I’m sure you’ve heard people complaining that Florida has only two seasons: Summer and spring. While there is a little bit of truth to that — after all, it is a lot warmer here in the subtropics than it is in Buffalo — it’s a drastic oversimplification of our weather pattern. We may not have blazing autumn colors or a spring thaw, but if you pay attention, you’ll notice that we have lots of seasonal changes.
Right now, for example, we are seeing our rainy season tapering off. Of course, we always have dry weather after a hurricane passes by, and Dorian has only recently left the area. But hurricane or no, the rains have been slowing. By September, we expect to see thunderstorms every second or third day instead of every single day like we did back in early August.
Once the rains stop for several days, the water should go back to being clear and salty, right? Of course not — don’t be a knucklehead. This is the same as those guys who expect an army of sheepshead to show up at El Jobean after the first cold front in November.
Change takes time. Charlotte Harbor is at the end of the Peace and Myakka rivers, which together drain more than a million acres. Just one inch of rainwater flowing off all that land is 27 billion gallons going into the Harbor. Moving that enormous volume of water takes time. The Harbor will be dark and fresh for months, regardless of how much rain we get.
As the rains are receding, we’re seeing another change: The days are getting shorter. Today we have 12 hours and 25 minutes between sunrise and sunset. In mid-June, we had almost 14 hours. Temperatures will eventually fall as a result, but animals and plants are strongly affected by photoperiod as well. In fact, even when temperatures don’t change, day length is enough to effect change all by itself.
OK, so all of these things are interesting, but what does it mean for your fishing? A lot. Actually, a whole lot. For example, right now we have a lot of people targeting redfish. Some are using lures, but most folks make it easier on themselves and fish with cutbait. We do that because everybody knows redfish use their sense of smell to feed.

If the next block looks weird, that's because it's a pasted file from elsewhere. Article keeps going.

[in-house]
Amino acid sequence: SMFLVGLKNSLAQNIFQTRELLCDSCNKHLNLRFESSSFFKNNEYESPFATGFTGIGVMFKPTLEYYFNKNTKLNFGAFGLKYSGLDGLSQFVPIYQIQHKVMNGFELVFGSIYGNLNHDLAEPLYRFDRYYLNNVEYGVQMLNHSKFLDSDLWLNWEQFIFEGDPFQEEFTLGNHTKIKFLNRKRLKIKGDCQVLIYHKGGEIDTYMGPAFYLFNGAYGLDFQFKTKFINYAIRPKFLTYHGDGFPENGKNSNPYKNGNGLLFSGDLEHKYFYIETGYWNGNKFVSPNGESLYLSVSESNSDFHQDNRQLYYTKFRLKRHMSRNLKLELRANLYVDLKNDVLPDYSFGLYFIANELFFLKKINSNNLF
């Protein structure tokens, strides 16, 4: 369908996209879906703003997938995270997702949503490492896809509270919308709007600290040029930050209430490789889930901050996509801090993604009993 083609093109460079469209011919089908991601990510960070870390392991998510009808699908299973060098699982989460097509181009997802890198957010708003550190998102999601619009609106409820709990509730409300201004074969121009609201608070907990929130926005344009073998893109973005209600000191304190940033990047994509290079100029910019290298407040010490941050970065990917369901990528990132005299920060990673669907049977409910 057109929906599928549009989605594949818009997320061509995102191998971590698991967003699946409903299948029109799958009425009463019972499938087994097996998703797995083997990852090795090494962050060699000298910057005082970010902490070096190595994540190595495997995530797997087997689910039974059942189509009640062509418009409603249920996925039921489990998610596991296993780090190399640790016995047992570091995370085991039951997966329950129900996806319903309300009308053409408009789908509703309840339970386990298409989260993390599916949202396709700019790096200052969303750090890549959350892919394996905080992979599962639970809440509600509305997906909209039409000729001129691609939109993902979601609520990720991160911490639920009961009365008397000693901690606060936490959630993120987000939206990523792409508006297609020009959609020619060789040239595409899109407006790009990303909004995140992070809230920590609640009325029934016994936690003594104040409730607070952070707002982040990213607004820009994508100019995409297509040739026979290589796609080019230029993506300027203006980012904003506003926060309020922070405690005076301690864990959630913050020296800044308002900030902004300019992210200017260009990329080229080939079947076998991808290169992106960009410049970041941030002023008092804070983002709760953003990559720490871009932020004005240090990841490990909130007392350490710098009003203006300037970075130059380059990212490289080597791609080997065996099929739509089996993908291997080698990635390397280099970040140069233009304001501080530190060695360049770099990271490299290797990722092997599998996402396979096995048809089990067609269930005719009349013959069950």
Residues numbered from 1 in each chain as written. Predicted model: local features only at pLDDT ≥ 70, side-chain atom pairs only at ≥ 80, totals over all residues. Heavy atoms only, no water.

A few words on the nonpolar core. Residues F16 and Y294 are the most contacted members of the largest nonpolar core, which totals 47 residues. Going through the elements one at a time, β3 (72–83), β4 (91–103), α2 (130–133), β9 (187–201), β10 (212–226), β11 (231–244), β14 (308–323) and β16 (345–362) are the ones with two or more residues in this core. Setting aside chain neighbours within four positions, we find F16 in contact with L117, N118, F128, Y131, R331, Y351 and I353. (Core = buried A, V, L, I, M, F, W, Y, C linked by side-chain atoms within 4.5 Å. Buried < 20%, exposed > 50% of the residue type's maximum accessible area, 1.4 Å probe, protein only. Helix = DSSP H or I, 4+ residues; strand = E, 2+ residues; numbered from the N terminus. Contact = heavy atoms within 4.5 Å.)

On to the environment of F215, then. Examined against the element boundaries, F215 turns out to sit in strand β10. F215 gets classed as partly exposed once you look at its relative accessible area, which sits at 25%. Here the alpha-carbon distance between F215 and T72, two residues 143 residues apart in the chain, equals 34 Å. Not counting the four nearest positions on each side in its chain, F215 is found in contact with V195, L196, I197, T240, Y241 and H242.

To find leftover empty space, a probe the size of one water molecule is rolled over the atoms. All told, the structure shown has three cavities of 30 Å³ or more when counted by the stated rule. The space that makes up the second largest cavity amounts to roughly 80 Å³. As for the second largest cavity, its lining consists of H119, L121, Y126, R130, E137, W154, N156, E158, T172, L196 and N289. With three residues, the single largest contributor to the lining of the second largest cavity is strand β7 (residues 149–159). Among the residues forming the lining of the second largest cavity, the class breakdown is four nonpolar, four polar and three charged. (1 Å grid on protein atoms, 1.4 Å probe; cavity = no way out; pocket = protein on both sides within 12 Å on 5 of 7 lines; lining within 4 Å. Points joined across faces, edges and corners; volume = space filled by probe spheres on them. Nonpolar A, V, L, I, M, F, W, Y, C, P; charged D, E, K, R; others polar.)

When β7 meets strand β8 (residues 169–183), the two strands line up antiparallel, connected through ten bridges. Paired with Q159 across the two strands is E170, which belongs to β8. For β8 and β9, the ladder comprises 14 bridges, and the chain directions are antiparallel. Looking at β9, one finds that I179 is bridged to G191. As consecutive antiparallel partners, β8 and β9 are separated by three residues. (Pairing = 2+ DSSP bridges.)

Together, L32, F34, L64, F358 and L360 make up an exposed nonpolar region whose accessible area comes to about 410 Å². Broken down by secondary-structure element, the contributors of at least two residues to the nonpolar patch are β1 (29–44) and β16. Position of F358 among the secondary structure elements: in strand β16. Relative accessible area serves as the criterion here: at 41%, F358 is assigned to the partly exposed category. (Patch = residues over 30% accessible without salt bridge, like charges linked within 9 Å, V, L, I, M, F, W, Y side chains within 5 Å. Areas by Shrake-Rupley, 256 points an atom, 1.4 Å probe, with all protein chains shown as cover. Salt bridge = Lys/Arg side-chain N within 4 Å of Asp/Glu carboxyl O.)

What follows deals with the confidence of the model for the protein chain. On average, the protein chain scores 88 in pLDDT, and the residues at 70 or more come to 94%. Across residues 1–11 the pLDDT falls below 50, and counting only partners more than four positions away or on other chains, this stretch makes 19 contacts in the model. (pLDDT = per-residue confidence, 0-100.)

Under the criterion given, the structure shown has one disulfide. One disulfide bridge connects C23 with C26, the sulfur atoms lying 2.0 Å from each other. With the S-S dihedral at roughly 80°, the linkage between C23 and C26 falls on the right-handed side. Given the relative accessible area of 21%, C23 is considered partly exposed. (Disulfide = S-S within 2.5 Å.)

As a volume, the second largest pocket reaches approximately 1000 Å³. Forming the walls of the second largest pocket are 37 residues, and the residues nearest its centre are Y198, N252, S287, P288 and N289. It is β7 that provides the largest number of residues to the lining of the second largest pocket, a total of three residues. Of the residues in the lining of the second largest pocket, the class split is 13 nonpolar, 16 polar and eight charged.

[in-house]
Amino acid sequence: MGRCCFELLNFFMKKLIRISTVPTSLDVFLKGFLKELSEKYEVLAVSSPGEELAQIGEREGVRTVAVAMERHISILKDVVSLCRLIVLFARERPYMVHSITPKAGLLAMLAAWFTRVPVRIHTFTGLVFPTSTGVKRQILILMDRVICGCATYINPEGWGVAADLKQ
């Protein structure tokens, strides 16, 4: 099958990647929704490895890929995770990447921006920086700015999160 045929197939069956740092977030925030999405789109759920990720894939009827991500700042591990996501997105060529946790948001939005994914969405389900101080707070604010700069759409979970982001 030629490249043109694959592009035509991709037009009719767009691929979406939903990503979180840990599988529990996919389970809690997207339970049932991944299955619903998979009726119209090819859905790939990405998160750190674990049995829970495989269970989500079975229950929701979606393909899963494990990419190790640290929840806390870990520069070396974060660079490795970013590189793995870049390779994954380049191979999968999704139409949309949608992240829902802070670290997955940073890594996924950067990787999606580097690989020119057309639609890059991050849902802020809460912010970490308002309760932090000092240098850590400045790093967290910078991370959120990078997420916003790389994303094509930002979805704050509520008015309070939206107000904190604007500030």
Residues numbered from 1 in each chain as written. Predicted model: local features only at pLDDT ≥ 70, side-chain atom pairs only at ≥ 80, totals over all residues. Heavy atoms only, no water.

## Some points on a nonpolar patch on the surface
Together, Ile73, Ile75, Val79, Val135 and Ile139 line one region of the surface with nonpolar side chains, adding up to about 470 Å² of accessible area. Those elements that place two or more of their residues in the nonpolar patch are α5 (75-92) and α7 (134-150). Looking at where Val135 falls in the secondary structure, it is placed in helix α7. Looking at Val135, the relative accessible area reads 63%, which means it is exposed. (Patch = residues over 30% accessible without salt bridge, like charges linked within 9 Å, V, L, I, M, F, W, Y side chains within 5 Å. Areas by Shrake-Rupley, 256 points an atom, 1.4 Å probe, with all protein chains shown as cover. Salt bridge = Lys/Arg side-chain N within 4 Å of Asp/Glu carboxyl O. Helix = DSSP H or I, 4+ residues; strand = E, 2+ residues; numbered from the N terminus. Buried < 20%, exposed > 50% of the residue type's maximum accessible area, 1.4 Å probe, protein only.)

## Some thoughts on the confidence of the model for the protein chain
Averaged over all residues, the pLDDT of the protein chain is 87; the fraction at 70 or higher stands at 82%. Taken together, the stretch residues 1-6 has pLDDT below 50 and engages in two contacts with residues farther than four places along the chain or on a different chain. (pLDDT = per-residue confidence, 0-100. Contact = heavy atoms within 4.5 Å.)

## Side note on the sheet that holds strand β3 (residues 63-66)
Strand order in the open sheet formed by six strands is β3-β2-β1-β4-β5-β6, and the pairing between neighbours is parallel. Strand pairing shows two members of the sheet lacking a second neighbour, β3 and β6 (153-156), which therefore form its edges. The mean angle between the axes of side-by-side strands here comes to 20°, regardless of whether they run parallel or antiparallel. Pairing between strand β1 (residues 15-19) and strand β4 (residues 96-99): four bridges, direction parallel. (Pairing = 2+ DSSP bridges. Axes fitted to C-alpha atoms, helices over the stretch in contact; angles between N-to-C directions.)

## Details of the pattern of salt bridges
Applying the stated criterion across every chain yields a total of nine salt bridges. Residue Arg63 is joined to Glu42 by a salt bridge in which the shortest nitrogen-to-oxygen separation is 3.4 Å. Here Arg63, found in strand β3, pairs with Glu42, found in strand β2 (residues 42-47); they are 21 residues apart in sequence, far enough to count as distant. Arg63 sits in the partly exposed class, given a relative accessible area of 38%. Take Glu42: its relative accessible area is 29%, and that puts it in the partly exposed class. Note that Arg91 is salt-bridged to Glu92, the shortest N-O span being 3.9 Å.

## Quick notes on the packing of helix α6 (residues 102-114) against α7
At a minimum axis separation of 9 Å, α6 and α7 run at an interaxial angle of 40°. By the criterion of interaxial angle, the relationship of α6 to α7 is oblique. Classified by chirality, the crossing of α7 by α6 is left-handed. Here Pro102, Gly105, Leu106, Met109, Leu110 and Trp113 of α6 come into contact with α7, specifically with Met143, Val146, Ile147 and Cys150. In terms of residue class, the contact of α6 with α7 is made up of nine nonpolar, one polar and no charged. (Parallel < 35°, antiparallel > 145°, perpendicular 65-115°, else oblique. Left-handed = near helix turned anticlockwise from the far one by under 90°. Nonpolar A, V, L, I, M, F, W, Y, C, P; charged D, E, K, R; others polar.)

What a lot of those fishermen have been finding, though, is that they’re catching more than a few snook on that cutbait. Now, most of us think of snook as hunters, not scavengers. Why are they gobbling up chunks of mullet and dead shrimp?
It’s all about the changing seasons. The snook have been spawning all summer. Now that’s over, and it’s time to pack on some weight. Winter can be a lean time because food is less abundant, so now’s the time to eat up.
However, the large amounts of fresh water still flowing down the rivers has driven a lot of baitfish and shrimp out to saltier waters — so the snook have to make do with what they can find. Turns out they’re a lot less picky when they’re hungry.
The slowly shifting seasons will bring a lot more changes to our waters in the coming months. Every pattern that we’ve gotten used to over the summer will fade away. As the fish modify their behaviors, all of us need to adapt our methods and techniques. If you keep fishing like it’s summer, you’ll find your trips becoming less and less successful.
Over the next few weeks, I’ll be focusing more on helping you transition into fall. It might not be anything like fall back home, but a lot of things will be very different from what we’ve seen over the summer. And none of it will involve pumpkin spice.
Robert Lugiewicz is the manager of Fishin’ Frank’s Bait & Tackle, located at 4425-D Tamiami Trail in Charlotte Harbor. Call 941-625-3888 for more information about the shop or for local fishing info, or visit them online at FishinFranks.com.